Analysis paralysis: Why your brain can panic over a simple decision
Aunt Marilyn had many great qualities, but as a teenager making decisions under pressure didn't seem to be one of them.
In the summer of '79 on a central NSW wheat and sheep farm, a 15-year-old Marilyn was driving her younger brother, my uncle Andrew, to the bus stop in an old white and yellow striped Standard 10 (which is like a Morris Minor).
At the end of the long, dusty farmhouse driveway there was a huge old gum tree that acted as a bit of a "roundabout". You had to choose whether to go left or right around the tree. It didn't seem to be a hard choice, as it didn't matter which way you went - you'd still end up at your destination. However, this is my Aunt Marilyn we're talking about.
On that fateful summer's day, with no air-con, late for school and with her younger brother undoubtedly doing something annoying and loud, Marilyn sped down the driveway so they wouldn't miss the bus (which would result in a 30-minute bumpy drive to school if missed).
Approaching the old gum tree at the end of the driveway, she had one choice to make. Left or right? Left or right? For some reason her mind started to stall. She found herself in a binary freeze, a panic-riddled paralysis. Left or right? Left or right?
Aunt Marilyn drove the Standard 10 straight up the guts of the old gum and knocked her brother out cold on the dash of the car (this was well before seatbelts were a thing). All were fine, but they did miss the bus that day.
We might chuckle at this story, but how many times have we been paralysed with a binary choice in which indecision has led us up the proverbial tree?
We might have trouble deciding between asking for a raise or leaving the organisation, so we do neither, and end up in a job where we feel under-appreciated and underpaid. We don't know whether to buy more of the same stocks or invest in something different, so we don't do anything and slowly watch our investment wilt away. Indecision is often the worst decision to make.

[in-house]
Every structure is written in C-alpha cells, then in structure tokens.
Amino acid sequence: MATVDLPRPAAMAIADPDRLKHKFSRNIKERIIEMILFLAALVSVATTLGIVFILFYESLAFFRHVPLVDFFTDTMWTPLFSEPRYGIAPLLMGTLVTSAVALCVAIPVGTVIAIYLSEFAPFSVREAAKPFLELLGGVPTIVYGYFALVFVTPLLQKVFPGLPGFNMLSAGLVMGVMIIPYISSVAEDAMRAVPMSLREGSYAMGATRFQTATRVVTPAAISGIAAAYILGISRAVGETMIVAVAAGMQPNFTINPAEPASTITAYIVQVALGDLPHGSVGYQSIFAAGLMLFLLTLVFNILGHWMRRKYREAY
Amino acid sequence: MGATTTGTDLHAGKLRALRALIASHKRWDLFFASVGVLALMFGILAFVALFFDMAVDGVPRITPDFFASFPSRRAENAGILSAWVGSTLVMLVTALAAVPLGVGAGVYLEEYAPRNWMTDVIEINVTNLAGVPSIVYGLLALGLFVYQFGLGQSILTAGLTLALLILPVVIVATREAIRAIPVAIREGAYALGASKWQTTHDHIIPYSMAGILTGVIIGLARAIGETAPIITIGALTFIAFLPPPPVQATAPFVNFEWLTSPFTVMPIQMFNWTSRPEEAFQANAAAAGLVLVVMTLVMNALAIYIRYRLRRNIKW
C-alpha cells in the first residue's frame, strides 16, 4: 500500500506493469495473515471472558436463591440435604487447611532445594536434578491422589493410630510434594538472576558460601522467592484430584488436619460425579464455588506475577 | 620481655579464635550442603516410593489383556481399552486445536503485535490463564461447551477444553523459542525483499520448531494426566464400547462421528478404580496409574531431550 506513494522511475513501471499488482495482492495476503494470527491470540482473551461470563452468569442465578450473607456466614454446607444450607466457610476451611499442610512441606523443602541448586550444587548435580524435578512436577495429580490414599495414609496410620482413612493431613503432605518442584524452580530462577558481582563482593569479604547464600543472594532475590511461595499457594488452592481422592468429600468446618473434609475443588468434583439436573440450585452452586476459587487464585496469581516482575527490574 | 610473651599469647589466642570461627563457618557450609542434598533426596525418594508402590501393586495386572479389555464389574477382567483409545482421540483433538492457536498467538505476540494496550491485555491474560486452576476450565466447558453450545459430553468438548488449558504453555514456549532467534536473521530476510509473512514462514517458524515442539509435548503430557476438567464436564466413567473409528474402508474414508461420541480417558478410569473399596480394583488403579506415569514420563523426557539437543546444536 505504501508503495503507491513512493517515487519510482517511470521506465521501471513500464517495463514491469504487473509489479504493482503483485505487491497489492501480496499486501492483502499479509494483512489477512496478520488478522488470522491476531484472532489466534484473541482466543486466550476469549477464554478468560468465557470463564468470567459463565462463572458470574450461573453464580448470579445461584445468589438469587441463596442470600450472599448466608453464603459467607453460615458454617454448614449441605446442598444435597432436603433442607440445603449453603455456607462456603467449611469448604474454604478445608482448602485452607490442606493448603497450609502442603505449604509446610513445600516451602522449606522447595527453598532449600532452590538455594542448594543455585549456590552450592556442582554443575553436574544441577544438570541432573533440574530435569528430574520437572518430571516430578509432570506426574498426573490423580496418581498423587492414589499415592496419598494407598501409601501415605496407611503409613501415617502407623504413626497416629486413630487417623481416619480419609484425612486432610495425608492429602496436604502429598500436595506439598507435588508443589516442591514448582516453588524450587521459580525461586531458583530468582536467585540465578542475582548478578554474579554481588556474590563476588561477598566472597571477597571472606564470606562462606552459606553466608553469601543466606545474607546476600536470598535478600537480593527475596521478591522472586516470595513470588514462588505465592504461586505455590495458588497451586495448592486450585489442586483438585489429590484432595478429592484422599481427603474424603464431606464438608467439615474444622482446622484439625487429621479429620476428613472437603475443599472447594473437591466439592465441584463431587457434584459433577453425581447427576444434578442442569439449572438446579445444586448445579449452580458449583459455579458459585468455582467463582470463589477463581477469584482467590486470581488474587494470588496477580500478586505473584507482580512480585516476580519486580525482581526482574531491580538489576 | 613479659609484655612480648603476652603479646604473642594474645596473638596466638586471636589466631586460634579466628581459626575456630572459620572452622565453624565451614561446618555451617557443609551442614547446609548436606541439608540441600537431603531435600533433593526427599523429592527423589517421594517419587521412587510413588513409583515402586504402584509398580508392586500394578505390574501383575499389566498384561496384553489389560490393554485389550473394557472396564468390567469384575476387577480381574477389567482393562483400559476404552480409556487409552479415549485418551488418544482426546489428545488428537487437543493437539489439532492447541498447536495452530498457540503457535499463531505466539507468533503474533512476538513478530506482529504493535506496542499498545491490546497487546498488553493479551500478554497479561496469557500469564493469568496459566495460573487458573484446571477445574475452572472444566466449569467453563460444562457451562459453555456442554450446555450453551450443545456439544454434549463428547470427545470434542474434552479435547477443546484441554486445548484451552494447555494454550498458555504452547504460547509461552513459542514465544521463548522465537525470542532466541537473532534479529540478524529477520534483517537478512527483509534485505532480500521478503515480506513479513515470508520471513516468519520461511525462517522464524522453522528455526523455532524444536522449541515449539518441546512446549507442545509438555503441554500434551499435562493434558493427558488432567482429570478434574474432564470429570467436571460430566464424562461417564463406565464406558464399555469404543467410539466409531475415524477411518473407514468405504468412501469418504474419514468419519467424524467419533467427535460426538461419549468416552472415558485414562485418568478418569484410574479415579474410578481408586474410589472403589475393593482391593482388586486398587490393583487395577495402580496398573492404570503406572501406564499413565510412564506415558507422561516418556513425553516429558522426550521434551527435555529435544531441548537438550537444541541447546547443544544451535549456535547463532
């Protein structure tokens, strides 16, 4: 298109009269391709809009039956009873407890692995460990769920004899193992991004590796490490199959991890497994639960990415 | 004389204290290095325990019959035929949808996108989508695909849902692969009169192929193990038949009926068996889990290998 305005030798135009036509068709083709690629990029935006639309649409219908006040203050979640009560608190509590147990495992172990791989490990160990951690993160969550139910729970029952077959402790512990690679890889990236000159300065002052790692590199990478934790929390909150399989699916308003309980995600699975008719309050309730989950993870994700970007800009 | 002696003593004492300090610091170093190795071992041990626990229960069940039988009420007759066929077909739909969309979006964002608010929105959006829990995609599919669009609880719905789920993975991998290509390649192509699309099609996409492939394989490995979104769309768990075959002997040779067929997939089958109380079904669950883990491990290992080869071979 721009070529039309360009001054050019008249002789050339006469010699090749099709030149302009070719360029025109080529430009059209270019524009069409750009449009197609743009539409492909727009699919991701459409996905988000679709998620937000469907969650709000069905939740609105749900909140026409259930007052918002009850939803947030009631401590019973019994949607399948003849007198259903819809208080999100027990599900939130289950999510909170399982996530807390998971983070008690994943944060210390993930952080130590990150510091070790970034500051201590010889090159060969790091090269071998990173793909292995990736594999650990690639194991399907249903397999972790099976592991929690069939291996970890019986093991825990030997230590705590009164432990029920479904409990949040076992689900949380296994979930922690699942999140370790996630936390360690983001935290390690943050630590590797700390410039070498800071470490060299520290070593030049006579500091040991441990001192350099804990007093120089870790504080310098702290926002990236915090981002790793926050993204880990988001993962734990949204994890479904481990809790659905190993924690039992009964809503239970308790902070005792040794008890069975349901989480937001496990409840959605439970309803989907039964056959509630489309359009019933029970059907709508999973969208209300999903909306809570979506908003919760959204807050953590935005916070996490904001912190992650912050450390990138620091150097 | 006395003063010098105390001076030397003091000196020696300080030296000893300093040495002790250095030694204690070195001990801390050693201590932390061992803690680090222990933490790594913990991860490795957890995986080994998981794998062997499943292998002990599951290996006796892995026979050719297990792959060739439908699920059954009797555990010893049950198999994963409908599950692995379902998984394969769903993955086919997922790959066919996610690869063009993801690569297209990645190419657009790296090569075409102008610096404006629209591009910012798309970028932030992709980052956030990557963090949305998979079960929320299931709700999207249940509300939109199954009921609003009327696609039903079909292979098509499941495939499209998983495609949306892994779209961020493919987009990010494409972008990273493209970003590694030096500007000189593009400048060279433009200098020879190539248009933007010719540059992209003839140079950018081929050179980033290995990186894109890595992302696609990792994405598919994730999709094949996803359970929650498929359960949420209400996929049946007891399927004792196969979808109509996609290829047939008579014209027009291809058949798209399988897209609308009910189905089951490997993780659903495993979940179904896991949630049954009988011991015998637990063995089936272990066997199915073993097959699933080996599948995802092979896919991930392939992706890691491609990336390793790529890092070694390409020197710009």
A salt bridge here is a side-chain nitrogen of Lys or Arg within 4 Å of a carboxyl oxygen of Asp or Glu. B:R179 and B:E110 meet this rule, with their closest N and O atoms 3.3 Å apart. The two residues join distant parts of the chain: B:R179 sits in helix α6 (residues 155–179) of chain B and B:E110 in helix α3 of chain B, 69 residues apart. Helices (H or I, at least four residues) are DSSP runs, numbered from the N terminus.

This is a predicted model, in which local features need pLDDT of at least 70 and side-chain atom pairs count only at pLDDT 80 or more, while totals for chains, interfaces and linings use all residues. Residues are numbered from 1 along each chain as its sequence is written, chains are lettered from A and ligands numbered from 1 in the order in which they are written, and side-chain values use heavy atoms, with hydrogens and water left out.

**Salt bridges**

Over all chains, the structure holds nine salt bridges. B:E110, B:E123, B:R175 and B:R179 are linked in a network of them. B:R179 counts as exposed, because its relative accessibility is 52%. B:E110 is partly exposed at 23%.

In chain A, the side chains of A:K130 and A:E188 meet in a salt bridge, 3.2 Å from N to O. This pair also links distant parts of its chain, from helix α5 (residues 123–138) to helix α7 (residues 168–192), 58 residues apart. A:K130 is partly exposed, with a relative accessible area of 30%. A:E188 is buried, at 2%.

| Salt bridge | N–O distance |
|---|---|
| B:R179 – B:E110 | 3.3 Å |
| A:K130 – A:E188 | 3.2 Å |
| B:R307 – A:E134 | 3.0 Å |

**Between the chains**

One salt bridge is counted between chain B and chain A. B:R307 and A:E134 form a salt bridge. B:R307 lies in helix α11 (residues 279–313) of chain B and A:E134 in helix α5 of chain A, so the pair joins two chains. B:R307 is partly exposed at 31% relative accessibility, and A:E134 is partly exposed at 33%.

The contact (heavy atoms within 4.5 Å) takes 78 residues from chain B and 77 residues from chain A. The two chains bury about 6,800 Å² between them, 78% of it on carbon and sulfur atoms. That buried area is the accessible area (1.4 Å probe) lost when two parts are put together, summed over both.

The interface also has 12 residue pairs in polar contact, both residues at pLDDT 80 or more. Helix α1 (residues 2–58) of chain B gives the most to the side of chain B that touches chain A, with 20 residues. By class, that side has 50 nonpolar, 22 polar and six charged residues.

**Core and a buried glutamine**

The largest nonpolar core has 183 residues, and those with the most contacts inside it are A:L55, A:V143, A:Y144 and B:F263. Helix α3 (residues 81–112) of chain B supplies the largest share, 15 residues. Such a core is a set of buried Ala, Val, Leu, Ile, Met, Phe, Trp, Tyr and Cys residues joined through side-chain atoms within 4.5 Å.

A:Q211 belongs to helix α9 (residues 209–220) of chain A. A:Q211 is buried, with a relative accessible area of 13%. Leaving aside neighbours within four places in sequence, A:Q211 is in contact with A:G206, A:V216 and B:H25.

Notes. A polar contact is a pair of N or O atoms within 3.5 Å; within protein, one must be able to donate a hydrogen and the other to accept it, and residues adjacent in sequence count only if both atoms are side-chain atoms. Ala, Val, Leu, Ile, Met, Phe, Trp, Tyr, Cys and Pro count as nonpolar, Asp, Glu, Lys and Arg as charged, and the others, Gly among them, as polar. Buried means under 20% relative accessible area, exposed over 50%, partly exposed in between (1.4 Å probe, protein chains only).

Psychologically there are often two underlying drivers behind this decision paralysis. The first is that we tend to split decisions into good or bad, right or wrong.
However, with most decisions, as eluded to in Marilyn's cautionary tale, there is no right or wrong.
They are just two options. Our brains are hardwired to avoid negative outcomes, so making it right or wrong means that we're now trying to avoid the worse option, and because we're not able to see which is worse, we hesitate and delay the decision for another day (or never).
The second reason is found in the way we attempt to judge whether a decision is good or bad, most often via a cognitive bias called "resulting". Resulting is where the outcome of a decision is used to determine whether the decision was a good one or not. A good investment choice is one that makes money in the end. Choosing to spend time at a networking event becomes the right choice if you make a good connection.
But we often can't know the result of a decision when we're at the point of making it. It's the fear of making the wrong decision that could lead to a negative result that makes us freeze.
Don't panic about making the wrong choice - any choice will often do. When you panic, you freeze, then you inevitably drive your financial car into a tree and knock out your savings.
Get stories like this in our newsletters.